But I wouldn’t just play a guessing game and hope that I hit on the next buyout stock. I’d make sure that I was looking at companies that can themselves grow production aggressively in the next few years so that even if they aren’t bought, you’ll profit from that organic growth story. One of my top two is Oasis Petroleum, which has 39.8 million barrels of proven reserves and lots and lots of undeveloped acres under lease in the very promising Bakken oil shale formation. Proved reserves popped from just 13.3 million barrels at the end of 2009. I think they’ll continue to increase extremely rapidly.

My other producer pick is EOG (EOG). Think of this as a bigger Oasis with more exposure to natural gas. But the company has sizeable unconventional oil reserves and has been able to ride out the natural gas plunge by shifting production toward oil (67% of production by the end of 2011, the company projects) from natural gas (77% of production in 2007).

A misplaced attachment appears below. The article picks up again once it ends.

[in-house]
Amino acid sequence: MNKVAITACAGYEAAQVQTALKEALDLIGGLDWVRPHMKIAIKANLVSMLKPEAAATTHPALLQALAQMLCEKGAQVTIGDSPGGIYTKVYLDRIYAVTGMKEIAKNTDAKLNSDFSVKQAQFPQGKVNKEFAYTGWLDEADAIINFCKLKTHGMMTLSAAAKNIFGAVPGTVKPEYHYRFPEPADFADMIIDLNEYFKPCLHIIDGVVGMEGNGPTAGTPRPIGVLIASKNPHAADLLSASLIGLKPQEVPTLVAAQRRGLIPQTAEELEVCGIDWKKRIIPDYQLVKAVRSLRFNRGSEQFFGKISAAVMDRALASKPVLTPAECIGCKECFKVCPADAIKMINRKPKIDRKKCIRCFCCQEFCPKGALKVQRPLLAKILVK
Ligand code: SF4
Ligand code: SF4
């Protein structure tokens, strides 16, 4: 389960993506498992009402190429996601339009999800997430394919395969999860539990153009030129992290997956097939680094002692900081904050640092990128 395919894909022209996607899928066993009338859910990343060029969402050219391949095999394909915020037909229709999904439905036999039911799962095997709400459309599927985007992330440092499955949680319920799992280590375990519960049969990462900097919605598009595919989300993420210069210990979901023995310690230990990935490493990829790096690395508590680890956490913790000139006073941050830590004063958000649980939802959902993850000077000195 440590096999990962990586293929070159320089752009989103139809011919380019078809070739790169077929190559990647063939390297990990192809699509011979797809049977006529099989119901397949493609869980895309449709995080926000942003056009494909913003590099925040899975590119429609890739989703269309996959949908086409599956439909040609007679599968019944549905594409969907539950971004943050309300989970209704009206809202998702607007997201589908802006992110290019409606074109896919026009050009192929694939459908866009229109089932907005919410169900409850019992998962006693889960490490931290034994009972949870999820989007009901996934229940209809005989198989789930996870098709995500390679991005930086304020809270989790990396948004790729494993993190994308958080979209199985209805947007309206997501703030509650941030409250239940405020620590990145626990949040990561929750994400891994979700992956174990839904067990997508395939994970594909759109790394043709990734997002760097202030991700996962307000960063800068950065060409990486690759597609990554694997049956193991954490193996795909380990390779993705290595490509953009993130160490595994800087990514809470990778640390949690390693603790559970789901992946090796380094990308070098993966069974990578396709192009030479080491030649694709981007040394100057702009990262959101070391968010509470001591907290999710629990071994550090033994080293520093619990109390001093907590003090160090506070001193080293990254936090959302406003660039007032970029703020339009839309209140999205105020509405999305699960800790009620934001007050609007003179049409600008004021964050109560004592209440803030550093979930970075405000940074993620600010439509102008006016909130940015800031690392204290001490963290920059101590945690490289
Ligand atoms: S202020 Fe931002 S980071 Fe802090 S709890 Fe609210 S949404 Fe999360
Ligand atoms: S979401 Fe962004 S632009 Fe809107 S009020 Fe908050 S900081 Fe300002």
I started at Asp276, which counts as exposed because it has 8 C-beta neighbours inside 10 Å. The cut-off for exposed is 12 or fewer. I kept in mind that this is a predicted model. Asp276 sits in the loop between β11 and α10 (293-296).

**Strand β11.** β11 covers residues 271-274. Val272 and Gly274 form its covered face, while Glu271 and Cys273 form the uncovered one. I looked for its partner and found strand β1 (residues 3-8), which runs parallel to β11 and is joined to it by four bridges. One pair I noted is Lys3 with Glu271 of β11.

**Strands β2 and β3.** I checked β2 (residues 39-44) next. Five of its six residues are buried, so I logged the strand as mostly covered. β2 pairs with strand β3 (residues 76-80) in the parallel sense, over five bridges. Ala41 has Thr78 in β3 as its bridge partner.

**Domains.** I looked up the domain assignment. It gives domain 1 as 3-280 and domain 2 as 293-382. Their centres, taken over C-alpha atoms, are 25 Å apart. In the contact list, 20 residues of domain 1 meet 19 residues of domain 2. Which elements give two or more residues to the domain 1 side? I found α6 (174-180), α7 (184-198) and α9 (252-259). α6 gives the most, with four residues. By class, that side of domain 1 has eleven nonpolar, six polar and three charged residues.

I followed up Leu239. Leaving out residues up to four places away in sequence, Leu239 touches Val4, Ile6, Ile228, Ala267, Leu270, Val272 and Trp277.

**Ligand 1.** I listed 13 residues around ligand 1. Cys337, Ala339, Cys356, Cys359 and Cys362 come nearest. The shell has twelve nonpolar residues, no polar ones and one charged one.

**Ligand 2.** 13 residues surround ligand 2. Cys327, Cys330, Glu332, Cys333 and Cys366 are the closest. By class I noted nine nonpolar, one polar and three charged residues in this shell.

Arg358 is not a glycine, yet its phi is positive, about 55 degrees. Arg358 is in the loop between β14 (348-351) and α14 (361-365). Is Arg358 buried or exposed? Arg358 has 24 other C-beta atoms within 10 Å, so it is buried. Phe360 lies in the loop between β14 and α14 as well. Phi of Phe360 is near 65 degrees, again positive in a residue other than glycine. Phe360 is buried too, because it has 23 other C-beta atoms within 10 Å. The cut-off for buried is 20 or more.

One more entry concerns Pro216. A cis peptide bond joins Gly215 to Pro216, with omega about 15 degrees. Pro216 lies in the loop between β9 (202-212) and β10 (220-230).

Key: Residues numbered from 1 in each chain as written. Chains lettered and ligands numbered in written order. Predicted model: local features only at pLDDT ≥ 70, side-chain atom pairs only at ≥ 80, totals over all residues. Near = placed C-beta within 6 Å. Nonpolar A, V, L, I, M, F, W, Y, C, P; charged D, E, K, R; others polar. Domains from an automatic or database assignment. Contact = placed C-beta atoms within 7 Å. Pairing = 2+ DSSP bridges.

That’s five energy stocks for the end of the early recovery cycle and the beginning of the late recovery stage. Now if only the economy will cooperate and not slow down instead of accelerating.

Full disclosure: I don’t own shares of any of the companies mentioned in this post in my personal portfolio. The mutual fund I manage, Jubak Global Equity Fund, may or may not now own positions in any stock mentioned in this post. The fund did own shares of Oasis Petroleum, Schlumberger, and Weatherford International as of the end of December. (I will have the January portfolio holdings posted this week.) For a full list of the stocks in the fund as of the end of December see the fund’s portfolio at